We advise people to have an integration, that is, to assimilate into the American society while maintaining their religious and cultural identity and values, following the teaching of Imam Al Sadiq (A.S), who says: “Be an invitation and promote with your actions before your words”.
We also provide Arabic classes, programs, and activities to teach Arabic, teach Islamic studies and encourage the community to maintain and preserve their culture and identity. Some immigrants face difficulties assimilating, including the breakup of families, the culture of boyfriends and girlfriends instead of marriage, and same-sex marriages, which is called a civil union here, all of which contribute to the break up of the family. The number of divorces in some American cities is frightening. Now I am speaking in general and not just about Muslims. There are states where we hear about 70% of marriages falling apart, including all religions and communities. Although our resources are limited, we provide marriage counseling and programs to strengthen the community and help address some of the challenges.
“One of the problems is that many times people do not talk to each other”
Shafaqna: What are your activities in the field of interfaith relations?
Imam Elahi: Imam Ali (AS) said: “Ignorance makes the living dead and prolongs the misery.” He also said: “Our enemy is our ignorance.” Therefore, we try to be the voice of unity in this area. For example, when Iraq experienced sectarian tensions in 2007, we invited Sunni Imams to the Islamic House of Wisdom and created a code of honor. As a result, approximately 30 Shia and Sunni Imams signed the honor code to promote respect, unity, and understanding.
One of the problems is that we do not talk to each other regardless of faith or denomination, fostering prejudice and ignorance. Therefore, we try to follow and promote what Shiism is about in the hadiths and the teaching of Ahl Albeit. A real Shia is a person who is generous, loving, a person of outreach, peaceful, balanced, and a blessing to his neighbors. These are the true qualities of a Muslim and a Shia, where a person should be righteous, humble, compassionate, and valuable to humanity.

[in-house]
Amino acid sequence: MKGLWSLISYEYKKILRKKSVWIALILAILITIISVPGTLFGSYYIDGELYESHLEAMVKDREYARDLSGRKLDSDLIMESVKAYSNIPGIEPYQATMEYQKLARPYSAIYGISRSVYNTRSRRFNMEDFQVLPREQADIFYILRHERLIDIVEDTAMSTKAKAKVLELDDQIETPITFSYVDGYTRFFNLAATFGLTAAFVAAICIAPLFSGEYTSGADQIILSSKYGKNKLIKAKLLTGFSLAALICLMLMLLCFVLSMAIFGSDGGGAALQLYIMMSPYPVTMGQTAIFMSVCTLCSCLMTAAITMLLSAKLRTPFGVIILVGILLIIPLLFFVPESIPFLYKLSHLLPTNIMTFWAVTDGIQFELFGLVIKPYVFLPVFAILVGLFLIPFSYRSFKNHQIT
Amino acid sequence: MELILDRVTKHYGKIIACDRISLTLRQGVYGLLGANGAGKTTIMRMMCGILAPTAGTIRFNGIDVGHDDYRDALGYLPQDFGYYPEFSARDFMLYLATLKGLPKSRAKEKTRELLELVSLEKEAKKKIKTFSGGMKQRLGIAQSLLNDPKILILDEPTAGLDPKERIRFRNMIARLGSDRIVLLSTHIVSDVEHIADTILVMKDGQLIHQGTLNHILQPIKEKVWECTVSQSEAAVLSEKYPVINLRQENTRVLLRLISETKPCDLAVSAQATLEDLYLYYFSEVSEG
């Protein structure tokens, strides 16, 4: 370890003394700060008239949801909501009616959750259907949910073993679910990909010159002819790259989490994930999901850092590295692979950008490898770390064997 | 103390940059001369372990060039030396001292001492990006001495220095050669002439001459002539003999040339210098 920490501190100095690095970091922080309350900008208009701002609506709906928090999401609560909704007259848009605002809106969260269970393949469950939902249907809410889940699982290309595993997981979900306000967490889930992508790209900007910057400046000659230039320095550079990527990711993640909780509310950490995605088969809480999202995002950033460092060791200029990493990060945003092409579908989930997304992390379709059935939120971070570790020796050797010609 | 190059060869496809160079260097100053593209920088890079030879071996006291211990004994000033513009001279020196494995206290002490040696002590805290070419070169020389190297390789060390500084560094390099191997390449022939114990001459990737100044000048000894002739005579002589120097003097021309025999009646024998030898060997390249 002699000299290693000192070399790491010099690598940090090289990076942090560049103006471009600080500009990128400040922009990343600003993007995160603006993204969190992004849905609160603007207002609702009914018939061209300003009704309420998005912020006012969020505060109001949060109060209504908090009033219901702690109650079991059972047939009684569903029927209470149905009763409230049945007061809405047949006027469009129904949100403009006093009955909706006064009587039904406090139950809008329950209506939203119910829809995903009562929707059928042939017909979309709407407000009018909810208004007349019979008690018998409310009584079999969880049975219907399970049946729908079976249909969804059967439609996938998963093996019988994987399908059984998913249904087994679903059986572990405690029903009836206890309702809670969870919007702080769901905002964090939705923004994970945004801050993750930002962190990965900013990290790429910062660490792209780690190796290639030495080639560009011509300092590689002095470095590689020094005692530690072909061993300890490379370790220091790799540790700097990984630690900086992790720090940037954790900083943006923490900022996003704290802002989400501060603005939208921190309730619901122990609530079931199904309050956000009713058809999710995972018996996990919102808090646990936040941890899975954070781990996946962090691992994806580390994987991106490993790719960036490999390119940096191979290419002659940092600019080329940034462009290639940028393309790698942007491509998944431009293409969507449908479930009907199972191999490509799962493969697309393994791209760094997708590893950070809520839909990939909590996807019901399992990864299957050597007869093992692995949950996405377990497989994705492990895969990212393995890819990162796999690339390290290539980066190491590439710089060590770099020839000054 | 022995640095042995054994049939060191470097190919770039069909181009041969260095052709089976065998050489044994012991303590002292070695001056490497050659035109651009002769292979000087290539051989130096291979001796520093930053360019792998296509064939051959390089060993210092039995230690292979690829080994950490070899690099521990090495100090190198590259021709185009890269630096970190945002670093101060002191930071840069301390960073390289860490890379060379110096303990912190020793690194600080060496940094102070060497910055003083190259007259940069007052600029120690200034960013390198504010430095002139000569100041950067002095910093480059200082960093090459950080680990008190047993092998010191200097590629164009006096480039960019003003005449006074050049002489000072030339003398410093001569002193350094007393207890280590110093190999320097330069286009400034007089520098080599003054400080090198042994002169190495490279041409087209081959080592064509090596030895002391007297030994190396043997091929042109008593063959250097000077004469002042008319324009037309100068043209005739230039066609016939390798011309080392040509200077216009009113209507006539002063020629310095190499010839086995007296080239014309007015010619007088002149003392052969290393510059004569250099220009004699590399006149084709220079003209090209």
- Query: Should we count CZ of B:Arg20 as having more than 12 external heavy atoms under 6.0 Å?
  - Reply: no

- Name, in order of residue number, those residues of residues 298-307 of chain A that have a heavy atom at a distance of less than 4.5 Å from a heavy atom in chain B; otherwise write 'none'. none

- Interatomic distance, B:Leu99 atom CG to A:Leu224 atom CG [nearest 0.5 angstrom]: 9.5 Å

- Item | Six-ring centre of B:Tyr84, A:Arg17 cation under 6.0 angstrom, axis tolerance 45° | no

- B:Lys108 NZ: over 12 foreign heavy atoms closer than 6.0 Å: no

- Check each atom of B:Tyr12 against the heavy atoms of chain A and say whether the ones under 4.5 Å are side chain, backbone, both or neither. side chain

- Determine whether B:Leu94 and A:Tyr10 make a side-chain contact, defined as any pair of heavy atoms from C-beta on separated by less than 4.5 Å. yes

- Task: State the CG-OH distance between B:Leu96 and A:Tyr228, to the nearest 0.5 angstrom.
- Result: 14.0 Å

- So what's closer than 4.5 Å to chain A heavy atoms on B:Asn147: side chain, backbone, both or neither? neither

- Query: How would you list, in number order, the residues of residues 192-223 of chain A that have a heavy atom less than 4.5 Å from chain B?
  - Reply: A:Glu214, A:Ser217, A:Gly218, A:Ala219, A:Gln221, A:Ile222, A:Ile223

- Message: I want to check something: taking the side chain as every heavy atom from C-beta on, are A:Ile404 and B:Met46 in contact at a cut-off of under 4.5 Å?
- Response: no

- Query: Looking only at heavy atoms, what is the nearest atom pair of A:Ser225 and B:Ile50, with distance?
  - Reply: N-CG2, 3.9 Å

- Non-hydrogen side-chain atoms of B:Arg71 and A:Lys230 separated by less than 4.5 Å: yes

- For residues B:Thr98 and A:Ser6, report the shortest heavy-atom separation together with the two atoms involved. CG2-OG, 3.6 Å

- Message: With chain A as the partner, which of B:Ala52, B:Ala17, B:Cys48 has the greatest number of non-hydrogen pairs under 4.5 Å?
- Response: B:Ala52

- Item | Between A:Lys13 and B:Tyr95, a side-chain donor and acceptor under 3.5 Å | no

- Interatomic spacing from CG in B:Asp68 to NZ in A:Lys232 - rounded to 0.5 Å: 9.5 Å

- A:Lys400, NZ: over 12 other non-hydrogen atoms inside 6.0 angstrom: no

We also hold programs to acquaint the general public with Islam and the Middle Easter culture. For example, the Islamic House of Wisdom has several programs every year, inviting priests, rabbis, elected officials, and the public to interact with the community and mitigate cultural differences.
Shafaqna: What is your solution for interfaith dialogue in a wider space like the media?
Imam Elahi: We maintain a good relationship with the local and the national media, and we try to be as readily available to provide commentary on developing stories. We live in a country that includes different religions, such as Islam, Christianity, Judaism, and other denominations within these religions as well. Visit our website for more information on our media activities.
We also honestly believe that dialogue is the only way to mitigate those differences and inform each other and the general public because each religion or denomination has its own sets of beliefs and realities.
The absence of dialogue and widespread social media have fostered misinformation and an atmosphere of ignorance and bias. We try to provide reliable information about the Shia belief system to clarify misunderstandings.
“In the absence of dialogue, there is war”
Shafaqna: From your point of view, what are the roots of Islamophobia in the United States? What tangible social and political consequences has it created in American society? What changes will these conditions have in the future?
Imam Elahi: America is a country of immigrants; all groups have encountered challenges and discrimination, and Muslims are no different. However, after the September 11 attack in 2001, Muslims began facing stereotypes from the Media and hostility from pro-Israel groups and right-wing Christian organizations. In addition, the sporadic attacks by some Muslim fanatics against the West, helped these groups to intensify their attacks on Muslims, Islamic teaching, Muslim groups, and religious institutions. But the ongoing work of good Muslims in the West fostered a host of defenders of Muslims, especially among the intellectual.
For example, Karen Armstrong, a British author who wrote “Muhammad: A Prophet for Our Time,” says that Islam is a religion of success, and Muhammad [PBUH] is a stunning success, politically and spiritually. Likewise, Michael Hart of New York, who wrote “The 100: A Ranking of the Most Influential People in History,” placed the Prophet Muhammad [PBUH] at the top of the list and Jesus third. So don’t be surprised, he says, because Muhammad was the most successful leader in history, both secularly and spiritually.